On the way from Egypt to the Promised Land they constantly complained that they had no bread and water and were sick of their situation (Num. 21:5-9). It didn’t help very much when God made sure they got food, because then they found something else to complain about.
One presumes that God too had His complaints. After all that He had done for the former slaves, you would think that they would at least have said “Thank you” to the Divine Donor. But maybe that’s human nature, never to be satisfied and rarely willing to be grateful for what they get.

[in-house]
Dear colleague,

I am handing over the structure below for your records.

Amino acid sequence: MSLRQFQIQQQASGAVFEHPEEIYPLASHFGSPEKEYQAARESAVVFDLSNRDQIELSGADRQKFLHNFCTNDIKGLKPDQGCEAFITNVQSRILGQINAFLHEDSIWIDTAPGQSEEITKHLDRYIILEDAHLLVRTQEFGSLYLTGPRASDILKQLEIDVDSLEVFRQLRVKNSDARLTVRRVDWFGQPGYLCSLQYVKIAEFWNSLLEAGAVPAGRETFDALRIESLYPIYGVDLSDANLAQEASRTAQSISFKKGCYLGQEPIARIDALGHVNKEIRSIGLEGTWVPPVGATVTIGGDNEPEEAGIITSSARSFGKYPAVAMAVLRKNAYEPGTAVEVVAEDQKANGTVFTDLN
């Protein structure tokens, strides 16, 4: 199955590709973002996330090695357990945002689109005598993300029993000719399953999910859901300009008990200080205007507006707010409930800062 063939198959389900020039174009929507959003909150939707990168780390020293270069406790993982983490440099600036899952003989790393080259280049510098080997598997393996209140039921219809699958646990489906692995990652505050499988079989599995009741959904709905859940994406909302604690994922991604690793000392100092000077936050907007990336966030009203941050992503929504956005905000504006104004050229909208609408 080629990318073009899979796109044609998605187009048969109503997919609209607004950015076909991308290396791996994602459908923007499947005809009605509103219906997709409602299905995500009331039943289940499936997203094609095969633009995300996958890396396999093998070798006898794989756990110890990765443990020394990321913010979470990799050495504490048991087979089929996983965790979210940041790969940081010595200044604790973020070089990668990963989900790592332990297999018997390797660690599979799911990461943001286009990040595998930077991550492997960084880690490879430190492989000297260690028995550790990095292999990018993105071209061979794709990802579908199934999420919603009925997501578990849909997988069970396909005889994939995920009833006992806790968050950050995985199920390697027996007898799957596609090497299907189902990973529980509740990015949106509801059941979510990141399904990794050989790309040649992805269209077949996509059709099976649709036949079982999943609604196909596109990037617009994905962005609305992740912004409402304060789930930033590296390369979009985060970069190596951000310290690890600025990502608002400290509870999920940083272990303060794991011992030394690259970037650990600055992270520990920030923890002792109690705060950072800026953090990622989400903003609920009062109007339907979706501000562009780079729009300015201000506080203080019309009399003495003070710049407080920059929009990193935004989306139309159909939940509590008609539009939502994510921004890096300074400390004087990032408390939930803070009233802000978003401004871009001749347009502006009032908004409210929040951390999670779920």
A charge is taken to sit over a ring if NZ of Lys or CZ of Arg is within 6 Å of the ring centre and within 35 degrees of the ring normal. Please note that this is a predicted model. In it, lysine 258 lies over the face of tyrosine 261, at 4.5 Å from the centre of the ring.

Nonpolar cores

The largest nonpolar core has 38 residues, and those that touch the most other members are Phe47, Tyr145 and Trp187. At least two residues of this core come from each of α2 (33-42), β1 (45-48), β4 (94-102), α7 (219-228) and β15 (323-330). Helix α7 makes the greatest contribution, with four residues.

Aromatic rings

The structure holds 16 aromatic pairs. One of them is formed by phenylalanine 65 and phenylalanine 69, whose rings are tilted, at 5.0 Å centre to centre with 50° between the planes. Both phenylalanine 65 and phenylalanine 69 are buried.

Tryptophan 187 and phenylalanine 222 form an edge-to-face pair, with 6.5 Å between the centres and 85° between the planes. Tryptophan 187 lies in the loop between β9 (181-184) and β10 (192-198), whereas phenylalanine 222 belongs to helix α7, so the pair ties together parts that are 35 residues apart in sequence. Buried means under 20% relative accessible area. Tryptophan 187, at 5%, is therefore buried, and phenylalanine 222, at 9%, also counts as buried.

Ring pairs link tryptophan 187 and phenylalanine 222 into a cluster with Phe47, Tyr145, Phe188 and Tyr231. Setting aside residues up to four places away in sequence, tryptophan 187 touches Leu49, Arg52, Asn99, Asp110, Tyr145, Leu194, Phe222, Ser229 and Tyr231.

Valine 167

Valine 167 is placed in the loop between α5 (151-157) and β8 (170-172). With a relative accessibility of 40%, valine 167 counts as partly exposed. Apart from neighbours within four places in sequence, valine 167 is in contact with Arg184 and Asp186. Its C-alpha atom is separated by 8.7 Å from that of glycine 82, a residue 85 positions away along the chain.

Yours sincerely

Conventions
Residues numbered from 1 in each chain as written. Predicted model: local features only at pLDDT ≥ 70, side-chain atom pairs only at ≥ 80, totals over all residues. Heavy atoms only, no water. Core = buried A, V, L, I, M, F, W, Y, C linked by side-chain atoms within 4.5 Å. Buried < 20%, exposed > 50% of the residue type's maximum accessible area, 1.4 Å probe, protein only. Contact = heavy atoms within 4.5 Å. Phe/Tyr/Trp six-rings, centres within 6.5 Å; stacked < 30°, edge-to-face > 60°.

For some people the long Hebrew Grace After Meals is too drawn-out and difficult and they say that all they want is a short version that says enough at a convenient length. Actually there is a short version, but the odds are that the complainers who don’t like the long version don’t say the short one either.
One of the things we all have to learn is to feel grateful and say so. To God – and to other people. Some children have a habit of making a rhyming ditty out of giving their parents some appreciation – “Rub-a-dub-dub, thanks for the grub!” (“the grub” = “the food”).
Two thirds of the world’s population is hungry; those who have food to eat, clothes to wear and a roof over their heads should feel sufficiently grateful to say so in words, to God, to their families, to their community.